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Canoe or kayak camping checklist

Want to shake up your camping plans next summer? Consider canoe or kayak touring and camping, the water-loving alternative to getting into the wilderness.

What is canoe or kayak camping?

At its most basic, it’s using a canoe or kayak to get to secluded camping spots across bodies of water like lakes or oceans. You might also hear it called canoe tripping or kayak touring, but it’s all the same.

It requires you to pack your watercraft with gear. Some places might need you to pick up and carry your canoe or kayak across dry land to your next sailing spot (a.k.a. portaging). Some well-known places for canoe or kayak camping are Algonquin Park or the Bowron Lake canoe circuit, but there are many more across the country.

What to bring canoe or kayak camping

When you’re packing, remember to take your portage plan into account. Lots of portages mean you’ll want to pack wisely, since all your gear has to move across land too. If you don’t have any portages, you can travel in a bit of luxury, as your boat acts a floating storage space.

Paddling lets you explore remote areas, so it’s important to be self-sufficient, aware of the weather, currents and tides, and prepared for emergencies. All paddlers must carry mandatory safety items on canoes, kayaks and even stand-up paddleboards.

Now, it’s time to get ready for your paddling trip with this multi-day canoe tripping and kayak touring checklist.

Boat-related gear

Whether you’re in a canoe or a kayak, there’s plenty of important gear to bring along. Don’t have a boat yet? Learn how to choose a canoe or the types of kayaks available so you’re set up with the best gear for the job. No matter how far you’re paddling or how strong of a swimmer you are, a personal flotation device is a must; read up on how to choose a PFD to find a good fit. Here’s everything boat related you need for your trip:

Safety essentials

As is the case with any trip into the backcountry, you need to be prepared. Rough weather might delay your plans, so be sure you have what you need to stay warm, safe and fed (and to avoid getting lost too). Always make sure at least one trusted person back home knows where you’re going and your desired route. Also check in on tide charts, as well as wind and fog forecasts to be sure you’ll have visibility when you paddle. For a safe (and fun) trip, bring along these items:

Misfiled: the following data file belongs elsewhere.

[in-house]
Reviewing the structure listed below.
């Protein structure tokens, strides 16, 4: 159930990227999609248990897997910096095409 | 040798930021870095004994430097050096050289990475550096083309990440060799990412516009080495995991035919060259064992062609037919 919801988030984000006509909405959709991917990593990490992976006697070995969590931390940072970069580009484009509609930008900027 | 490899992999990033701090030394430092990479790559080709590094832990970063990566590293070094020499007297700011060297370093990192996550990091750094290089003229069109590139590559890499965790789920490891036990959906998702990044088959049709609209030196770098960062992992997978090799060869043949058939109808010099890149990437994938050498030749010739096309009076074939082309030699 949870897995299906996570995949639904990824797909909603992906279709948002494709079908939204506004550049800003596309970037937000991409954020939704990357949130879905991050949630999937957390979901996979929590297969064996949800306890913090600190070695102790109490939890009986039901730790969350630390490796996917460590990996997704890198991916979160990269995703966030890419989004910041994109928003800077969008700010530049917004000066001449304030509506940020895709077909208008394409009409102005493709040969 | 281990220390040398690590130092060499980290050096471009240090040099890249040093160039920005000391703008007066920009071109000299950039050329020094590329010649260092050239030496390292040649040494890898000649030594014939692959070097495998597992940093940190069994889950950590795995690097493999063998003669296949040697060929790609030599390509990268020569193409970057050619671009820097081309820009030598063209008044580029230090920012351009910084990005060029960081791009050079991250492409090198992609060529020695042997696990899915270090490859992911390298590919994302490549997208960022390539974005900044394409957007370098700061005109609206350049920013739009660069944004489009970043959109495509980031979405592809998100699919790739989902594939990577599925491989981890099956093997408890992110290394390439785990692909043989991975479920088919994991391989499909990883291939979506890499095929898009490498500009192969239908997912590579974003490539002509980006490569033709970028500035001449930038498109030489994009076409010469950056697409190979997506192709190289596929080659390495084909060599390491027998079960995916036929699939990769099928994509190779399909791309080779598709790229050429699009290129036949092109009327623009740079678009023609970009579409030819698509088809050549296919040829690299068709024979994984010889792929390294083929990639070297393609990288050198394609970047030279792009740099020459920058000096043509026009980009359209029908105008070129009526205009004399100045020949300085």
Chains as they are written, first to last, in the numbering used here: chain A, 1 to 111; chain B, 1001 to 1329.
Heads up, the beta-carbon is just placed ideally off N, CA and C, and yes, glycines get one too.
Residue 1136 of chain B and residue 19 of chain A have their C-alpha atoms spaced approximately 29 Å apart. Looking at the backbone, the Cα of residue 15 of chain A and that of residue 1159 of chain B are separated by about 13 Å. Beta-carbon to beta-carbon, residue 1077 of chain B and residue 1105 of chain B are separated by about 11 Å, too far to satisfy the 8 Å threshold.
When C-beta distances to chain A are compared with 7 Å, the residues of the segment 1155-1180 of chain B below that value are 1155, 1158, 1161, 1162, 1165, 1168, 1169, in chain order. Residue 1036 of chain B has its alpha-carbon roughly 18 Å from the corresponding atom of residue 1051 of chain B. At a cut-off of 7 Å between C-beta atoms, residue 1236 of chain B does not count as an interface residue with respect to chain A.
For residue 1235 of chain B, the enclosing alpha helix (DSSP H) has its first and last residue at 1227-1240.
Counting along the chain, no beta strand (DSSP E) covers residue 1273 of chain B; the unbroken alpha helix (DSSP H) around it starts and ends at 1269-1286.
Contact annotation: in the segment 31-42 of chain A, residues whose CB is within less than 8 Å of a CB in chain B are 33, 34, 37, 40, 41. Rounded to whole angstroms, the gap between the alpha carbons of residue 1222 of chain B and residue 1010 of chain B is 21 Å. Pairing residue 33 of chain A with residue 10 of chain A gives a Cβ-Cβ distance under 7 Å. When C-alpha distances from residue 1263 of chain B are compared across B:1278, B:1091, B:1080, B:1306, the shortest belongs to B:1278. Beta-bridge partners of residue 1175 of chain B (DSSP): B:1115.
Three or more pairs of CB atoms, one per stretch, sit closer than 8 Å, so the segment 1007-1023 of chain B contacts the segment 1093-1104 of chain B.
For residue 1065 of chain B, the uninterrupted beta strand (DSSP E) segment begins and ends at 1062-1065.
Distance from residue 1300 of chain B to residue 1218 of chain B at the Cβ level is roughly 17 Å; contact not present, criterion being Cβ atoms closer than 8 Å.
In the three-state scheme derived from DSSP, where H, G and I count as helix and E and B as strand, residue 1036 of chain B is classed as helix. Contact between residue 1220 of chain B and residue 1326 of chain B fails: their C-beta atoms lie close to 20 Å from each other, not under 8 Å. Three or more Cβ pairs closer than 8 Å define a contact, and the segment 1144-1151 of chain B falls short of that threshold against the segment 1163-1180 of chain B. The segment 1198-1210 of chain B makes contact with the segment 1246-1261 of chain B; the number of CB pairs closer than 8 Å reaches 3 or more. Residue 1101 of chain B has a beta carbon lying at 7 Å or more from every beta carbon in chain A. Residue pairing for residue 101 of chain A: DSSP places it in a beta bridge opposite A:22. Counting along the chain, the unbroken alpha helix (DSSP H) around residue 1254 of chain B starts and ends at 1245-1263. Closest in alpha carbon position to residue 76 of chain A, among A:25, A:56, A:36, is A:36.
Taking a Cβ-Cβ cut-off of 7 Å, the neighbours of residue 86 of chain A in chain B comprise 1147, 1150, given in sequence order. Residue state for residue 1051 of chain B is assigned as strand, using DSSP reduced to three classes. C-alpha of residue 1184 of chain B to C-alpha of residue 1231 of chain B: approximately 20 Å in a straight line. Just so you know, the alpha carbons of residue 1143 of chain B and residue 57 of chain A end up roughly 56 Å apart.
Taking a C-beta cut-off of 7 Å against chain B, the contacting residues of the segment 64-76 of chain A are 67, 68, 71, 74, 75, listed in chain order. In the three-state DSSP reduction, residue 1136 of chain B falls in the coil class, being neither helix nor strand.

Camping gear

With so much focus on your canoe or kayak gear, don’t forget about your camping essentials. On a paddling trip, there’s a chance that the place you’ll camp at won’t be flat with open spaces like most campsites are, so be sure you know how to choose a good tent site. Also, you might be able to pack along a little extra since you’ll be carrying your gear in your boat, not in a backpack (as long as you don’t have a big portage ahead). For everything camp-related, check out this list of essentials:


Even if the weather forecast calls for sunny skies with zero clouds, you’ll still be travelling over water and a little backsplash is to be expected. Bring quick-drying clothes, and read up on the differences between waterproof and water-resistant fabrics to know what to shop for. Even during the hottest months of the year, it can still get chilly at night, so make sure you have more than just T-shirts and shorts. Learn how to choose warmer clothes like base layers and mid-layers to prevent shivering at night. Other clothing essentials include:

Personal items and additions

Remember your everyday essentials as well. Think about your nightly or morning routine at home like brushing your teeth, taking important medication, or washing your face. Additional safety essentials include gear to help avoid interactions with local wildlife (big or small), and knowing tips for safer travel in bear country is a must if you’re in backcountry spaces. Some ideas of personal things to bring include:

How to pack a canoe or kayak for camping

There are three major factors to consider while packing your canoe or kayak for an overnight trip: keeping things dry, accessibility and weight.

Keep your gear safe from getting soaked with waterproof dry bags. One tip is to pack them two-thirds full, as an overstuffed bag is harder to close and water could sneak in.

For weight, distribute your gear across the boat based on how heavy the item is. Place lightweight items (like clothes and sleeping bags) at the front and back. Place heavier gear (like your food, cooking gear, and coolers) near the centre. Try packing your boat while it’s sitting in the water close to shore, so you can see how it moves with the wind and waves depending on the weight distribution.

Finally, for accessibility, think about the essentials you may need to grab as you’re paddling – stuff like sunscreen, extra layers, snacks and your first aid kit. Pack these items at the top of your bag so you can get to them easily. If you’re kayaking, keep your emergency essentials in a dry bag within arm’s reach.